The Normal One: Klopp – Must Not Be Put On A Pedestal

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Jurgen Klopp’s arrival at Liverpool has certainly caught the imagination of our fans. English football followers will be well versed with the charismatic German manager – the Klopp cult has translated across borders. His popularity comes from his electric interviews, his effortless charisma and the terrifying intensity of football his teams attempt to play. Backing up all these attributes are trophies and success that give his public demeanour a credibility that Brendan Rodgers frankly lacked.

Klopp Pedestal

However, it was not all roses for Klopp at Borussia Dortmund. Despite challenging the Bayern Munich monopoly on German football for years with inferior resources, Klopp’s Dortmund side finally came undone. They found themselves fighting relegation even after the Christmas period, until a late run of form saw them surge up to the upper mid-table. Klopp then announced his resignation months before the end of the season, so as to allow Dortmund to find a new manager who could reinvigorate their side.

Klopp’s final season failures are eerily similar to the recent failures of Liverpool, and they should be a warning to us that we should not expect immediate success given the range of problems that blight the team. After all, Klopp stressed he was “the normal one”, not a miracle worker. Understanding the reasons behind his final season failure forces Liverpool fans to recognise that he may not be a quick-fix solution, and that success is sometimes a game of mere luck.

Despite being renown for getting the best form out of his squad, key players like Mats Hummels and Marcel Schmelzer really struggled in his final 18 months at the club. Hummels was regarded as one of the best ball playing centre-halves in the world two years ago; Schmelzer was not ever held in the same esteem but he at least provided a good attacking outlet and was a solid defender. However, individual defensive errors started to seriously undermine the defensive system, particularly through stalwarts like Hummels and Schmelzer. Eventually Roman Weidenfeller, the goalkeeper who was never quite good enough, started to deteriorate under increasing pressure due to the errors in front of him.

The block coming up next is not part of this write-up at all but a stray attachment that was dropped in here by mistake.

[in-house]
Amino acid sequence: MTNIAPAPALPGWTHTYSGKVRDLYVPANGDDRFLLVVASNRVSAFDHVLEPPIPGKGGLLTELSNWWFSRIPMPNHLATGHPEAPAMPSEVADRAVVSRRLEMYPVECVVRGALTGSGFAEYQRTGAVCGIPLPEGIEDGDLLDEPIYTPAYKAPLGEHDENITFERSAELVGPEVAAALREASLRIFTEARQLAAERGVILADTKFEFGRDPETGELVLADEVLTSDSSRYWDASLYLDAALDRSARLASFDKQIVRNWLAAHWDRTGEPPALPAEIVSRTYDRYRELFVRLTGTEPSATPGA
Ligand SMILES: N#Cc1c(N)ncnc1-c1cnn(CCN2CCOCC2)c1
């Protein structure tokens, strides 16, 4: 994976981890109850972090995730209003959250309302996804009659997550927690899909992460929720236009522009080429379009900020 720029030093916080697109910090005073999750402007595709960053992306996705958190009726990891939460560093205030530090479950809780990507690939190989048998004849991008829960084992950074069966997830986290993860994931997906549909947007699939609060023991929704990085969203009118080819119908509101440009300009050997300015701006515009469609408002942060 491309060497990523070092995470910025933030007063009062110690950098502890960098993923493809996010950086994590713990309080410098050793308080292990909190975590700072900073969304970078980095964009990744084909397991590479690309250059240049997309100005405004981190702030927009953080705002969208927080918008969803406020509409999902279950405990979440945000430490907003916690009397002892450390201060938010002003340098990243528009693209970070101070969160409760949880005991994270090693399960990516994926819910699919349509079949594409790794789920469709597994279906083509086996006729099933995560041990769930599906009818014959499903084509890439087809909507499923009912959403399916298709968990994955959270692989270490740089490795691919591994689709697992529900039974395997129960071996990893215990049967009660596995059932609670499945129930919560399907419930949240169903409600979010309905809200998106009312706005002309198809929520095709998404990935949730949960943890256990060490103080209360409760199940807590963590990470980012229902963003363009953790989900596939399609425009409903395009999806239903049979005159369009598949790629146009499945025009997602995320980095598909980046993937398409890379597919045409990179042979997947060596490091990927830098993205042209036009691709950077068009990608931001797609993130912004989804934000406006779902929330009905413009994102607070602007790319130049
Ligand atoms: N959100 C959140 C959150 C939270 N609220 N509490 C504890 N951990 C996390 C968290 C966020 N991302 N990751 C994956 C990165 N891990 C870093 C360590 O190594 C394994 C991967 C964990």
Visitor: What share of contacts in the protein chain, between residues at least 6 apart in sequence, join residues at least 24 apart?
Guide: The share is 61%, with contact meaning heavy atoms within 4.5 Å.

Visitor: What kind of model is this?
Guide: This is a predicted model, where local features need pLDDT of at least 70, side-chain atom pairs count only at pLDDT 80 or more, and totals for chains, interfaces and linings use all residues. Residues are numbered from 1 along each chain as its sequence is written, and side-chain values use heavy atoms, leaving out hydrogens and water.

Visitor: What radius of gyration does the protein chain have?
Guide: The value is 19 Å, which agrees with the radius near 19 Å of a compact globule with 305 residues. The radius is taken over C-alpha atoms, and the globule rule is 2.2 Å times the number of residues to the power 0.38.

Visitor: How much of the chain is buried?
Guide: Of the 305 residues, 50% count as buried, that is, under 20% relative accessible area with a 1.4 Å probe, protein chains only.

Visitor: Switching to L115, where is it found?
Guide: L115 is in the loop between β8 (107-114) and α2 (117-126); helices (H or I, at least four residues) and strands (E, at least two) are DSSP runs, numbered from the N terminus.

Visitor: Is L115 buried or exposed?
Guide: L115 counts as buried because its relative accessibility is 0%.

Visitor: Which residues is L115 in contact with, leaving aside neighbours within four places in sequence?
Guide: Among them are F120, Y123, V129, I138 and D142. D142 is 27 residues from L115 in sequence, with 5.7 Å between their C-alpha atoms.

This sounds remarkably similar to the plight of Liverpool’s defence under Brendan Rodgers. A propensity for defensive howlers from individual players meant that in many games two or more goals were shipped, but despite that the system still managed to keep a high number of clean sheets illustrating that there was some competent defensive shape.

His man management was criticised more widely, especially in spite of the special reserve in which it was originally held. His bubbly charm and unquenchable spirit eventually seemed to grow stale. You can only be given the same rousing speech so many times before the marginal declines in its inspiration make it feel stale.

Changes in personnel is needed to keep a squad fresh and hungry, and sometimes the same can be said for the manager’s methods too (as was seen with Rodgers’ attempt to reshape his back-room staff). This is perhaps the most difficult job of a manager – staying relevant and being able to challenge your players over a long period of time. As of yet, Klopp has not proved himself as capable of this as say Arsene Wenger or Alex Ferguson. It is not to detract from his skills, as fellow premier league managers such as Mourinho and Van Gaal. Have been unable to do the same in a much longer career. But, it must be emphasised that Liverpool fans do not put Klopp on a pedestal – he is a great manager but not perfect, as no manager is.